Chronic Motor or Vocal Tic Disorder is characterized by the presence of one or more long-lasting tics.  It involves quick, uncontrollable movements or vocal outbursts (but not both).  For the diagnosis of a chronic tic disorder, the symptoms must begin before a child is 18 years of age.  About 1 to 2% of the population has a chronic motor tic disorder and this is the second most common of the tic disorders.  The tics can even occur during all stages of sleep. They may get worse with excitement, fatigue, heat or stress.  Keep in mind that in some instances, what appears to be a chronic tic may be a sign of Tourette’s syndrome.  Tourette’s syndrome is the most severe tic disorder. It is characterized by the presence of both motor tics and vocal tics.

Tourette’s Syndrome or Tourette’s disorder is the most complicated and concerning of the tic disorders. It is a combination of both vocal and motor tics that must be present for at least 1 year and never stop for longer than 2 months at a time. The vocal and motor tics may occur at the same time, but don’t have to in order to qualify for the diagnosis of Tourette’s.  They also must be causing a significant impairment in the individual’s life.  Tourette’s disorder has a fluctuating course and the severity of the symptoms often changes over time.  There may be periods of reduced tic frequency followed by increased tic activity. Fortunately, many people with Tourette’s syndrome find that their condition improves, as they get older.  The usual presentation of Tourette’s disorder may include hyperactivity and irritability. At this time some kids may be diagnosed with ADHD and started on stimulant medication, which may be discontinued later as tics develop. The tics usually evolve, initially involving motor tics in the face area, such as eye blinking, facial grimacing, hair fixing, mouth opening, nasal flaring, and neck jerking. The tics then move to the shoulders and extremities. Usually the vocal tics develop later and frequently consist of throat clearing. Other vocal tics may consist of humming sounds, grunting, high-pitched noises, yelling, and actual words including occasional profanity.  For the most part, those with Tourette’s cannot control these sounds and movements and should not be blamed for them. Punishment by parents, teasing by classmates, and scolding by teachers will not help the child to control the tics but will hurt the child’s self-esteem and increase their distress.  The full-blown condition may be extremely disruptive and living with it may be difficult.  Additionally, obsessive-compulsive behaviors, anxiety, and depression may be associated with Tourette’s and, if not present at initial presentation, may develop later into the course of the disorder.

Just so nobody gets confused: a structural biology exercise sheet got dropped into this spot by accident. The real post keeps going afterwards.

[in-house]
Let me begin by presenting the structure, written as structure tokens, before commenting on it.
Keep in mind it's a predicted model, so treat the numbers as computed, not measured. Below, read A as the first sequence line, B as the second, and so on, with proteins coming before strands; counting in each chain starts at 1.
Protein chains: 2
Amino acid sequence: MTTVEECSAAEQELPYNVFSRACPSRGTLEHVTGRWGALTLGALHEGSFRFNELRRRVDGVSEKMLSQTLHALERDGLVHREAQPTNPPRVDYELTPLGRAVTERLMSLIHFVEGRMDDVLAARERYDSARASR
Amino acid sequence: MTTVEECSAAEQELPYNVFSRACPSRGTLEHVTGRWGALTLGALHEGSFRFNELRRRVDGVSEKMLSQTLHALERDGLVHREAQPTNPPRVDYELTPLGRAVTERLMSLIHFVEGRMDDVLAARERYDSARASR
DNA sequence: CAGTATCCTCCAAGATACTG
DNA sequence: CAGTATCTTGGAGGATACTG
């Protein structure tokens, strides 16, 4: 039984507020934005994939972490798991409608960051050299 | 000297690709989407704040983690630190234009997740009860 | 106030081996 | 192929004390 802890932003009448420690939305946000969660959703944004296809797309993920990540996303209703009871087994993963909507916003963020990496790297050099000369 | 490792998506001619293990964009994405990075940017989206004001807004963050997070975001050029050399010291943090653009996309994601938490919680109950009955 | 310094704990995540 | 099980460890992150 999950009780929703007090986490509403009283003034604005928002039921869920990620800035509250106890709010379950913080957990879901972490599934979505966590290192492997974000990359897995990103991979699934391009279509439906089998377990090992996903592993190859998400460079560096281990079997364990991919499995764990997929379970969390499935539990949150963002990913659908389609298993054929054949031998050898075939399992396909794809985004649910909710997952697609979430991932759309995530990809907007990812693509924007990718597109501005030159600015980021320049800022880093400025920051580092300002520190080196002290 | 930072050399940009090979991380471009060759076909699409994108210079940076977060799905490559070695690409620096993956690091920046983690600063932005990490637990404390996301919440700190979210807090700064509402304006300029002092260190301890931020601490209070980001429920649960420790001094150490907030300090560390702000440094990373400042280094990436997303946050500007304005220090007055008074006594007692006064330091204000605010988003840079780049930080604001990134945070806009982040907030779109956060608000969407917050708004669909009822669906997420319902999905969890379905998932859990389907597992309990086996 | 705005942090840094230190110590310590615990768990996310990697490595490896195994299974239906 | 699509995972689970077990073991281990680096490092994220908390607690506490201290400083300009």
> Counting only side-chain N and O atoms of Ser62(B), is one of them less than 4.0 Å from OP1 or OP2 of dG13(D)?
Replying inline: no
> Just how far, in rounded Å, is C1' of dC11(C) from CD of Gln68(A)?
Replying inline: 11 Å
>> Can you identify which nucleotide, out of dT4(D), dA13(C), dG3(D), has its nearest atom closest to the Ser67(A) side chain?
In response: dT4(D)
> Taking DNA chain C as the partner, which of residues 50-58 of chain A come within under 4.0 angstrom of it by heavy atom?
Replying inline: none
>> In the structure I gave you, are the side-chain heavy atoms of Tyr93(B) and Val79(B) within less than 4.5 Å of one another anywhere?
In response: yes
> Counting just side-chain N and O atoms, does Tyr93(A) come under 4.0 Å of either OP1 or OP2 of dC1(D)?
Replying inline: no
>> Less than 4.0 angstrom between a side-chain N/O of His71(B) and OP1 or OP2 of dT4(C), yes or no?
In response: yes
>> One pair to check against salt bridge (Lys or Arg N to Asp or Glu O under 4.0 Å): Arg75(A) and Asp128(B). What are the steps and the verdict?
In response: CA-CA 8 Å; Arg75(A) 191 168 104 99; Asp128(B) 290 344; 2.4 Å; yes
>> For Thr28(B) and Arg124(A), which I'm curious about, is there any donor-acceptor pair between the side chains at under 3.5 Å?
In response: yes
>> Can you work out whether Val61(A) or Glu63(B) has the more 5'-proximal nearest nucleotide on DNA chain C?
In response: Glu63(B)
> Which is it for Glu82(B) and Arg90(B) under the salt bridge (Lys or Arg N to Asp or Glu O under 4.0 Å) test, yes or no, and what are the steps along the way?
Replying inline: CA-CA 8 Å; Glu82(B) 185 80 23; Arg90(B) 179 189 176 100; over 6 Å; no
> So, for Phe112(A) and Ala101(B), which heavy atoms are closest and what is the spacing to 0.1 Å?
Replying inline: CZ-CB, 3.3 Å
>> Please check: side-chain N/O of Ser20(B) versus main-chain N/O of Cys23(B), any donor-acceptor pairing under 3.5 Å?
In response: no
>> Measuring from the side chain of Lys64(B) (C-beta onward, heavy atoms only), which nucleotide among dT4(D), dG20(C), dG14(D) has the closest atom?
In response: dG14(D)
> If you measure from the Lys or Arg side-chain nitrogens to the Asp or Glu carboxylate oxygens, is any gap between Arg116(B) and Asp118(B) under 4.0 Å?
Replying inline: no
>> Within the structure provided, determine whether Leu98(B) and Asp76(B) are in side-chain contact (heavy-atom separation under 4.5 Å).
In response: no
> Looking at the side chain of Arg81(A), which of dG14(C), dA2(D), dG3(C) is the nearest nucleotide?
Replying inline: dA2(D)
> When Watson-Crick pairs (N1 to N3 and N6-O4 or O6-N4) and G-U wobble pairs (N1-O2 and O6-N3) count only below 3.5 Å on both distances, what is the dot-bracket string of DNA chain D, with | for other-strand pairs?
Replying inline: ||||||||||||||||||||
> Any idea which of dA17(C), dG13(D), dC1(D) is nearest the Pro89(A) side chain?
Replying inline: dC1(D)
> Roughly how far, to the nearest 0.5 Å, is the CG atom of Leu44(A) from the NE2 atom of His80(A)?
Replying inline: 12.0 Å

Tic Disorder Not Otherwise Specified includes all the other tic disorders that do not